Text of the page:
The Other Americans is a complicated narrative focused on the hit-and-run killing of Driss Guerraoui, a Moroccan immigrant who was crossing the street one evening near his business. As his family grapples with this death and the truths about his life, the police investigate what happened.
Told from multiple points of view–Driss’ family, the investigators, neighboring business owners, and Driss himself–Lailami covers a lot of ground. From family tensions and expectations to prejudices, her story is subtle and nuanced. It’s can be challenging on audio because the characters and storylines were a little hard to track. I enjoyed the audio and recommend it for immersive audiobook listening, but if you find complex listens a challenge, opt for the print version.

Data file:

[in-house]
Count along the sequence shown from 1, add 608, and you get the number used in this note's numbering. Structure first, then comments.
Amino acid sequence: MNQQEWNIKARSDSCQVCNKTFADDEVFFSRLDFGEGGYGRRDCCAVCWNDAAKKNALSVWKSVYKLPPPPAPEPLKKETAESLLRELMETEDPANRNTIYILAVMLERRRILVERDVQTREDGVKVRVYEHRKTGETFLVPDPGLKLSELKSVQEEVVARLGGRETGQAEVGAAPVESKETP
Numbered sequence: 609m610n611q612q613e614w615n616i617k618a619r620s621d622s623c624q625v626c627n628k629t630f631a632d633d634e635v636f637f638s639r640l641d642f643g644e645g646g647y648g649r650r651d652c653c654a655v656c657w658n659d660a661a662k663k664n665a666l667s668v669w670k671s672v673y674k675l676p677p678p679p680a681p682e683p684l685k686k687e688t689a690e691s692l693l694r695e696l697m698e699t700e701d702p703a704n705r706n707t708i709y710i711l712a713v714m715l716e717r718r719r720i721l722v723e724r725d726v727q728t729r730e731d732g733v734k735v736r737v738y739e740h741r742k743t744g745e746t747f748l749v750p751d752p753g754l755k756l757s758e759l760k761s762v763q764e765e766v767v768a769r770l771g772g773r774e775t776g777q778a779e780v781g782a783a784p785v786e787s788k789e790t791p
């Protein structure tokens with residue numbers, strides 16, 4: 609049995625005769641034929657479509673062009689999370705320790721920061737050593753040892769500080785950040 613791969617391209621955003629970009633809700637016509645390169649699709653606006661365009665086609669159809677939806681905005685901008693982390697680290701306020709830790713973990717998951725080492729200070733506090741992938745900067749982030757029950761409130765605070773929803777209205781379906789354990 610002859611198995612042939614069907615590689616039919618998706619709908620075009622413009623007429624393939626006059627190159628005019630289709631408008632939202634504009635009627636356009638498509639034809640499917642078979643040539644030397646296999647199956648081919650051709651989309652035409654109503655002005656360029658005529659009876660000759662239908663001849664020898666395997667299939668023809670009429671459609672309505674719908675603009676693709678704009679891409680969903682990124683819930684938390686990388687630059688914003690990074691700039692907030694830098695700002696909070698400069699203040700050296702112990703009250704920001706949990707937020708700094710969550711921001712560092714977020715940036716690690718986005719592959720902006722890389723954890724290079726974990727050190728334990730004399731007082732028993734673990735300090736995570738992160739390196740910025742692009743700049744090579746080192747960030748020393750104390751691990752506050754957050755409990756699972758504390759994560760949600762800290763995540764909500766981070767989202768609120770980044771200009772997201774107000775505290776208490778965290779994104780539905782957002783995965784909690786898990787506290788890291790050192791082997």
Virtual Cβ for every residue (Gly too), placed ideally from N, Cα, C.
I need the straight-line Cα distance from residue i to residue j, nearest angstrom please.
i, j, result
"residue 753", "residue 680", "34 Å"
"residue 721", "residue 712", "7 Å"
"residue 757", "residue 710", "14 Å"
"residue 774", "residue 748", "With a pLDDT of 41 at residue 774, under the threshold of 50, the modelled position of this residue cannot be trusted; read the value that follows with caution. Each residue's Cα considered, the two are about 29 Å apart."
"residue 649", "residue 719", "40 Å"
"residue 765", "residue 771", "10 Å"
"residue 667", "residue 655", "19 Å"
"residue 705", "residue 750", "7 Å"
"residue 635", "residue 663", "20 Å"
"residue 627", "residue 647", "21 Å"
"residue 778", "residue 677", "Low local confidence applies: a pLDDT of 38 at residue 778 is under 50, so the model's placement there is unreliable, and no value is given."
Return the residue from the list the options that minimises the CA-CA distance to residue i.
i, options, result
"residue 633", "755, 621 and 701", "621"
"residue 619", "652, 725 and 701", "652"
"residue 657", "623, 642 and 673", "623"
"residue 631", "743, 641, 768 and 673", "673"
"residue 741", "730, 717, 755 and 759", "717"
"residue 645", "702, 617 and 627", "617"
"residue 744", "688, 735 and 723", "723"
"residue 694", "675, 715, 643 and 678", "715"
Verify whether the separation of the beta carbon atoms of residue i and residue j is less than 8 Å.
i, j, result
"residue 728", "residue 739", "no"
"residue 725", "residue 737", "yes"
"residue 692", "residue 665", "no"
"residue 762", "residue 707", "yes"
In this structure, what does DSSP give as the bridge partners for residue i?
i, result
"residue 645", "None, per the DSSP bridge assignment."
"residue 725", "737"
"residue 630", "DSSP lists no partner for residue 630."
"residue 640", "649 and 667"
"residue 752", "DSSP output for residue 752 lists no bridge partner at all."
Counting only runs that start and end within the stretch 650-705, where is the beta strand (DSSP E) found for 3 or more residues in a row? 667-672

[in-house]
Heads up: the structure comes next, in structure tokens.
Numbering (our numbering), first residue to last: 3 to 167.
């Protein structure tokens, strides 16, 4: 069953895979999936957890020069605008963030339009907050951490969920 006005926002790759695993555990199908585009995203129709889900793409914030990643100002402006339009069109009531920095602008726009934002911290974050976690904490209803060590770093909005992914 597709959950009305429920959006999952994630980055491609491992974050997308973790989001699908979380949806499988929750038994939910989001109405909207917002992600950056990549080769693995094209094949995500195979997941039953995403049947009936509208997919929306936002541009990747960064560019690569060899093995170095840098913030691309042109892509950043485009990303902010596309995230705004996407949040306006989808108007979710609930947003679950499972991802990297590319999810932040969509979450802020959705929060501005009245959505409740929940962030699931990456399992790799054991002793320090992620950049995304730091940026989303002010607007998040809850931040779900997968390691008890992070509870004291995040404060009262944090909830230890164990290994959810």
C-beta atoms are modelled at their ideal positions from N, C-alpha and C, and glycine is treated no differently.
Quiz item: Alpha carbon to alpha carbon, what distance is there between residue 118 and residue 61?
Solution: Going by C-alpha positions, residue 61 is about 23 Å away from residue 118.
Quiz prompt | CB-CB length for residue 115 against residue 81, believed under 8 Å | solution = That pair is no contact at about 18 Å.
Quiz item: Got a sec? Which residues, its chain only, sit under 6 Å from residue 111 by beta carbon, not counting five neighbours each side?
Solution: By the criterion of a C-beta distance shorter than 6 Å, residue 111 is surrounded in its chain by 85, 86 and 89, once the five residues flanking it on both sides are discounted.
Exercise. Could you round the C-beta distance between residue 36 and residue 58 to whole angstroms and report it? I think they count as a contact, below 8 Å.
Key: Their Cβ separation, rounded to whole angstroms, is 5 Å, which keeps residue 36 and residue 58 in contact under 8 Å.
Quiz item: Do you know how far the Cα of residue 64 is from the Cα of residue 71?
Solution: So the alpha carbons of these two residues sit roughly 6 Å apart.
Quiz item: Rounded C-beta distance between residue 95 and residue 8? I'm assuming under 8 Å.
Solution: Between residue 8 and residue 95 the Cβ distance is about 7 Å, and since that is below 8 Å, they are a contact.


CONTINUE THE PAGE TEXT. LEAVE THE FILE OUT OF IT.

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From the Pulitzer Prize finalist and author of The Moor’s Account, here is a timely and powerful novel about the suspicious death of a Moroccan immigrant–at once a family saga, a murder mystery, and a love story, informed by the treacherous fault lines of American culture.
Late one spring night, Driss Guerraoui, a Moroccan immigrant living in California, is walking across a darkened intersection when he is killed by a speeding car. The repercussions of his death bring together a diverse cast of characters: Guerraoui’s daughter Nora, a jazz composer who returns to the small town in the Mojave she thought she’d left for good; his widow, Maryam, who still pines after her life in the old country; Efraín, an undocumented witness whose fear of deportation prevents him from coming forward; Jeremy, an old friend of Nora’s and an Iraq War veteran; Coleman, a detective who is slowly discovering her son’s secrets; Anderson, a neighbor trying to reconnect with his family; and the murdered man himself.
As the characters–deeply divided by race, religion, and class–tell their stories, connections among them emerge, even as Driss’s family confronts its secrets, a town faces its hypocrisies, and love, messy and unpredictable, is born.